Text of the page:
Pinacoteca di Brera, Brera

The huge statue of Napoleon in the courtyard hints at this museum’s past – in 1809 the French emperor exhibited Italian art looted by his armies here. Today the 17th-century palazzo holds the pick of Italy’s masters, including Raphael and Caravaggio, and modern works by Umberto Boccioni and Modigliani. Careful lighting and fresh decor, courtesy of new director James Bradburne, make the canvases an even greater pleasure to see. Visit the Ettore Sottsass-designed glass restoration chamber to see paintings unframed for retouching.

28 Via Brera, 20121 
+39 02 7226 3230

Mudec, Tortona

The Museum of Cultures brings historical and social context to the exhibitions that it organises. Shows that focus on the likes of Miró and Kandinsky, for example, tease out pleasantly unexpected angles to the artists’ work. There’s a vast display of artefacts from different ethnic traditions too, from utensils to musical instruments. Inaugurated in 2015, the zinc-clad building has a sinuous, wonderfully luminous matte-glass hall inside, while on the second floor is fêted chef Enrico Bartolini’s inventive two-star restaurant.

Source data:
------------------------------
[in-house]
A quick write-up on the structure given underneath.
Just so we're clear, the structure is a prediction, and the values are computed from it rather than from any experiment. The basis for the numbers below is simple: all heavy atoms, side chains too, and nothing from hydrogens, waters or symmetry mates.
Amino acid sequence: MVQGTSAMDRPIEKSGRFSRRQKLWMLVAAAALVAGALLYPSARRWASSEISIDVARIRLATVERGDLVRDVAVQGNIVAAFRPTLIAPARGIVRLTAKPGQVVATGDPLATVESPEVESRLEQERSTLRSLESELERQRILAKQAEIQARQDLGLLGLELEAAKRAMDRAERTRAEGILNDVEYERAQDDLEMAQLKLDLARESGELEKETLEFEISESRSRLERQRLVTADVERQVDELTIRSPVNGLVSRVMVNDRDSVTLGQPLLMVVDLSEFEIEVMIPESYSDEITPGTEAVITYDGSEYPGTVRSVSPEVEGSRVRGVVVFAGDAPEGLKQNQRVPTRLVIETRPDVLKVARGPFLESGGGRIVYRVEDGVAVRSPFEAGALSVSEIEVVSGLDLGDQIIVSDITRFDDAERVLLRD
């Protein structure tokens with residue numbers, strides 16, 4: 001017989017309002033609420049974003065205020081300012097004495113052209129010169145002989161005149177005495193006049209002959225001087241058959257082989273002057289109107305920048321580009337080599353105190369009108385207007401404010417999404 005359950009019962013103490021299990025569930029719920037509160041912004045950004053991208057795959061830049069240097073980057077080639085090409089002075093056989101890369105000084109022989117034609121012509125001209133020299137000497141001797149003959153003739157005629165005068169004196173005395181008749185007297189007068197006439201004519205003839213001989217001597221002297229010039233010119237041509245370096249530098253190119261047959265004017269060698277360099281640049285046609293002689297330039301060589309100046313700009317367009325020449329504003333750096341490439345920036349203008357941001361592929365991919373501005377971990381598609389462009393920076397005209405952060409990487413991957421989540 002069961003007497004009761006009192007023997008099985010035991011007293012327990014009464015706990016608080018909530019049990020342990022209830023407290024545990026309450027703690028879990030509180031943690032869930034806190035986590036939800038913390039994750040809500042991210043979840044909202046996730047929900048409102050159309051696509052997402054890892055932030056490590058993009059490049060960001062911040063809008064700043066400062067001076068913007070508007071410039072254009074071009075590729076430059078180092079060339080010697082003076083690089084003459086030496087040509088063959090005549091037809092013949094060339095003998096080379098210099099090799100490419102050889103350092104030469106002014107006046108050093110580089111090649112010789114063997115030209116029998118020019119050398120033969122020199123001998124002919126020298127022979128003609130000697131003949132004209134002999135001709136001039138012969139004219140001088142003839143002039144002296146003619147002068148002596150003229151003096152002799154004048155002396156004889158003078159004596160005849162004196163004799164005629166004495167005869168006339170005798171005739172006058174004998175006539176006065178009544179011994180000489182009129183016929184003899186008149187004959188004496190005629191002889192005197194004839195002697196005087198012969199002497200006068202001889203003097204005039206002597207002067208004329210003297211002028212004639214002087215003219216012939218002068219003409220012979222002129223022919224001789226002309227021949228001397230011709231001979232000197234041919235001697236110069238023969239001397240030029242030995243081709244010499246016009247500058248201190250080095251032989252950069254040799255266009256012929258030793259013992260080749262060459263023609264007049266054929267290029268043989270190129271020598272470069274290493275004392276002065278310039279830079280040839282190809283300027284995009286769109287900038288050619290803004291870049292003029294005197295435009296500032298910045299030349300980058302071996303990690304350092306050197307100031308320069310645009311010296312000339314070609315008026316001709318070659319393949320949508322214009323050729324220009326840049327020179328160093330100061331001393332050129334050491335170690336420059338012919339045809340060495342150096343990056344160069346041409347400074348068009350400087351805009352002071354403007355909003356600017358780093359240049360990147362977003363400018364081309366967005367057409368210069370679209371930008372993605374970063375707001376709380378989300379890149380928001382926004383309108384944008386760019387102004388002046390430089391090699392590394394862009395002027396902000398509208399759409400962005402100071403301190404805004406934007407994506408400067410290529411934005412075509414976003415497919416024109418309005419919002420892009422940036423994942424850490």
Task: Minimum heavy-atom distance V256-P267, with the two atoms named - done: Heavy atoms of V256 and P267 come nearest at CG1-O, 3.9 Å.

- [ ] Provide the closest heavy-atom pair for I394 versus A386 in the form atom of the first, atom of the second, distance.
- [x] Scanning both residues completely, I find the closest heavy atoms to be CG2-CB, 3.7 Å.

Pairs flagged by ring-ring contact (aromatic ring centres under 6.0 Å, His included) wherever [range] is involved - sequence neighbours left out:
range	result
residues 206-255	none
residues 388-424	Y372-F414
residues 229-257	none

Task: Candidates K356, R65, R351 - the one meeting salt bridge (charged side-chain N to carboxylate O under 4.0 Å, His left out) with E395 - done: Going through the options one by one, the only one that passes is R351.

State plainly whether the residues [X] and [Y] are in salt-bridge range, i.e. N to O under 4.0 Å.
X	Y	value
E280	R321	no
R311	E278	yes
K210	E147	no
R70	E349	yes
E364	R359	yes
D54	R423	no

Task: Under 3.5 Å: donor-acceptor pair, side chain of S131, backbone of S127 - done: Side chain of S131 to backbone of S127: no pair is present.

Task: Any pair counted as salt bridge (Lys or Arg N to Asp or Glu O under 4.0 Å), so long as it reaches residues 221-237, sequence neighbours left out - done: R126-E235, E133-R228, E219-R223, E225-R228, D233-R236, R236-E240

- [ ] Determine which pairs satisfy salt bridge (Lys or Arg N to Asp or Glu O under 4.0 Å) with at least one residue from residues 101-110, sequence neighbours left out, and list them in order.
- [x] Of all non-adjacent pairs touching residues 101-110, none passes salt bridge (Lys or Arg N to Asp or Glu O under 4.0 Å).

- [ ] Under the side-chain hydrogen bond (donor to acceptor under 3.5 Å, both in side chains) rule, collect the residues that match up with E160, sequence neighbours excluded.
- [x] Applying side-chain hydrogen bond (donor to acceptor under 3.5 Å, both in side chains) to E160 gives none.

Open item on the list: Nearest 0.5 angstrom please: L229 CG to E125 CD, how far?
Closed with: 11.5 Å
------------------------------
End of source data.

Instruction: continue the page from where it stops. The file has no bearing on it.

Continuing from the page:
56 Via Tortona, 20144 
+39 02 54 917

Fondazione Prada, Ripamonti 

Prada’s public gallery is worth every minute that it takes to get there on the metro. Rem Koolhaas transformed a century-old distillery into an inimitable space that includes a gold-leaf gallery housing permanent installations by Robert Gober and Louise Bourgeois, plus exhibition halls, a cinema, a library and even a café designed by Wes Anderson. There are roughly six exhibitions a year but, if the current display isn’t to your taste, pay the entrance fee anyway because the real masterpiece comes courtesy of Koolhaas. 

2 Largo Isarco, 20139 
+39 02 5666 2611 

Images: Claudia Ferri, Luigi Fiano

Go back: Milan


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  • The Stack